Prints and originals (when still available), can be purchased on Etsy here.
Prints and originals (when still available), can be purchased on Etsy here.
I’m watching how Superheroes are made. Mine is getting a care lesson from the ostomy nurse, gearing up for the next weeks of recovery, not flinching as she shows him how to care for his small intestine that is now protruding through his stomach.
There have been nights of pain so severe he nearly broke my hand as I held his but not one utterance of “why me?”. There has been only plans for the next day and acknowledgments that he – and we – are so lucky, that things could be so much worse. There’s been gratitude for the nurses and for Mom staying close and even concern that I am not resting enough.
So now I know how superheroes happen. They aren’t born, they’re made as they weather storms without letting the deluge force their gazes down or inward but instead keep focusing on hope on the horizon.
A little over a year and a half ago, Thing1 climbed a mountain, walking up the drive from our house about 2 in the afternoon and climbed five miles up the back of Mount Equinox that divides Sandgate from Manchester, VT. He circumnavigated land owned by Carthusian monks and negotiated a right of way with a bear that literally crossed his path on the way back. He watched as storms went by and took shelter for a few minutes as needed.
But he kept climbing.
Thing1 had been sick for almost a year. He told me later he had kept climbing because he needed that win. I know he kept climbing because, regardless of his fears or any obstacles that come his way, he is willing to keep going. He will keep moving forward, even if he has to go slowly.
He’s going slowly today. He’s stood up for a few minutes and then needed a two-hour nap to recover. The first time, I steadied him. The second time, he insisted I only spot him.
He’ll be standing again today. He’ll expend a mountain’s climb of energy to walk from his bed to the nurse’s station, but, even as I watch him wince as he works to inflate his lungs fully, I know he’ll be at the top. He’ll be walking down that mountain with a smile on his face, even if the sun has long set and he knows his mom is still worrying sick about him.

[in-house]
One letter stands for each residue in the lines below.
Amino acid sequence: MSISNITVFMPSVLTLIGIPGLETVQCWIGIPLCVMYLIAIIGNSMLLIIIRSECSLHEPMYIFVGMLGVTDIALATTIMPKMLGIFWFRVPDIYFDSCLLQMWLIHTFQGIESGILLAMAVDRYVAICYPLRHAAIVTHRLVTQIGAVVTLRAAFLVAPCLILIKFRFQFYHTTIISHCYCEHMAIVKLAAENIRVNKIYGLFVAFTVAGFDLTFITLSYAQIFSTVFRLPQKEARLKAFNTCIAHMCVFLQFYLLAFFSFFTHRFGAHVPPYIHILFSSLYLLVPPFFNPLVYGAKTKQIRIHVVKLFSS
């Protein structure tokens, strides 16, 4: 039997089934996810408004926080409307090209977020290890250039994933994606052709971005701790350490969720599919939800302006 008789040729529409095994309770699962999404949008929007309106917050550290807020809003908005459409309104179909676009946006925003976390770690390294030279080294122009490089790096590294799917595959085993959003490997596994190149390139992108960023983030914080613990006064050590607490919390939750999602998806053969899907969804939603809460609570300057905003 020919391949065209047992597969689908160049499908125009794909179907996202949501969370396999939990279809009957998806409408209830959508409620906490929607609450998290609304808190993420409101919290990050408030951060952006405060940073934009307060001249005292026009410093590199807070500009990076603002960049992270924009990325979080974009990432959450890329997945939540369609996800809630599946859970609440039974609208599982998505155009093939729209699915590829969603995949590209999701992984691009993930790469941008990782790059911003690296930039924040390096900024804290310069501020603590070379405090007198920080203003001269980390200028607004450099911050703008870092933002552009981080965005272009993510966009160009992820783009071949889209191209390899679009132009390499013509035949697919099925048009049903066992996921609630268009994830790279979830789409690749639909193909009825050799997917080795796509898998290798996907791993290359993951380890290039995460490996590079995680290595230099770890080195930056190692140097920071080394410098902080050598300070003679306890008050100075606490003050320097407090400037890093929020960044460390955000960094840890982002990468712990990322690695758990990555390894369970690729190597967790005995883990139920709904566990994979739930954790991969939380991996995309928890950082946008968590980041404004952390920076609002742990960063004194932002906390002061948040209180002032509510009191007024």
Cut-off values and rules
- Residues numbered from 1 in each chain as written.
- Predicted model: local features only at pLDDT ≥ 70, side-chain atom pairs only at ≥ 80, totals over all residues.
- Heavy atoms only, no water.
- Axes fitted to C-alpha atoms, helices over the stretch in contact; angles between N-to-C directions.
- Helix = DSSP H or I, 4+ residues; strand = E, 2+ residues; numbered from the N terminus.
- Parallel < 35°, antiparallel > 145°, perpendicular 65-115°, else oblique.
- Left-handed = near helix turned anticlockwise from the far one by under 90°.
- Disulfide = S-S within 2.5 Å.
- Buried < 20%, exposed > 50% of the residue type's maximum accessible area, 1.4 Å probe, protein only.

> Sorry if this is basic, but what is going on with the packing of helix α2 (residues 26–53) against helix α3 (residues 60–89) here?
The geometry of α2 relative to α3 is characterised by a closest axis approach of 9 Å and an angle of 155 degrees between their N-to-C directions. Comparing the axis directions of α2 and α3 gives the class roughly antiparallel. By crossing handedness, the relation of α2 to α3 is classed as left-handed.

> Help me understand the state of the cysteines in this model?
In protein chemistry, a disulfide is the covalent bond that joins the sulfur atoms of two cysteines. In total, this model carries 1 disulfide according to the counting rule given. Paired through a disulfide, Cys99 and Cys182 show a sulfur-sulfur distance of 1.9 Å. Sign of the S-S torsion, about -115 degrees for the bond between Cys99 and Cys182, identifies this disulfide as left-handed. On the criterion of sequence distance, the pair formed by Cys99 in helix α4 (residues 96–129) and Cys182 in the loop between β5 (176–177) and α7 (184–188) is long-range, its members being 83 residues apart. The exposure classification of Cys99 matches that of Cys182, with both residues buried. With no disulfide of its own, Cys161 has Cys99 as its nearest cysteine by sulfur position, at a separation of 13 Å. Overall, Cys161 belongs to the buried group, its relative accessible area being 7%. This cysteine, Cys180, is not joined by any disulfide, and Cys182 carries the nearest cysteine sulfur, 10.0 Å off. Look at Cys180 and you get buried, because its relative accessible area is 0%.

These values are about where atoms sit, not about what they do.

Because worrying is what moms may do, but climbing mountains is what kids are born to do.
In October, wanting to go back to school to train for something new, I took a long-heldout promotion and started working weekends.
Murphy’s Law still being the only functioning the law of the land decreed that my new weekends— Wednesday and Thursday–would be otherwise occupied, making school impossible. Most of my new weekends have been spent driving to hospitals, but as flu season winds down, I have been able to carve out at least one day on the weekend for re-creation, usually in the form of doodling.
Doodle time did not evolve into painting time until last Sunday when T2 and I went to a Paint and Sip. I haven’t played with acrylics since high school, and even though I’m more confident with watercolors, dipping a brush and a new medium with the spark again.
I haven’t forgotten how much I need to paint, but sometimes it’s easy to let the doldrums keep you from what you were meant to do. My doldrums were plastered under a layer of yellow acrylic last Sunday. When my Sunday kicked off this morning, paint — oil this time —was on the brain.
Oils are completely new and will require a more than little bit of homeschooling to get the hang of, but it’s all part of making something old new again and making the new weekends count.
And hey, I did want to go back to school.
I’ve kind of shied away from these events which, to me, seem to be more an excuse to drink wine then to paint, but the picture advertising last nights endeavor was different from so many had seen before, So I signed the two of us up.
I don’t dislike gatherings, but on personality tests, I generally score in the extreme introverted category. It took me 20 minutes to get comfortable enough to say hello to the teacher who seemed very nice and knowledgeable.
T2 who has a strong creative bent is, by contrast, a confirmed social butterfly. He took two minutes to get settled, get his paint and get talking to a couple that we had met through our favorite diner in Manchester, Vermont.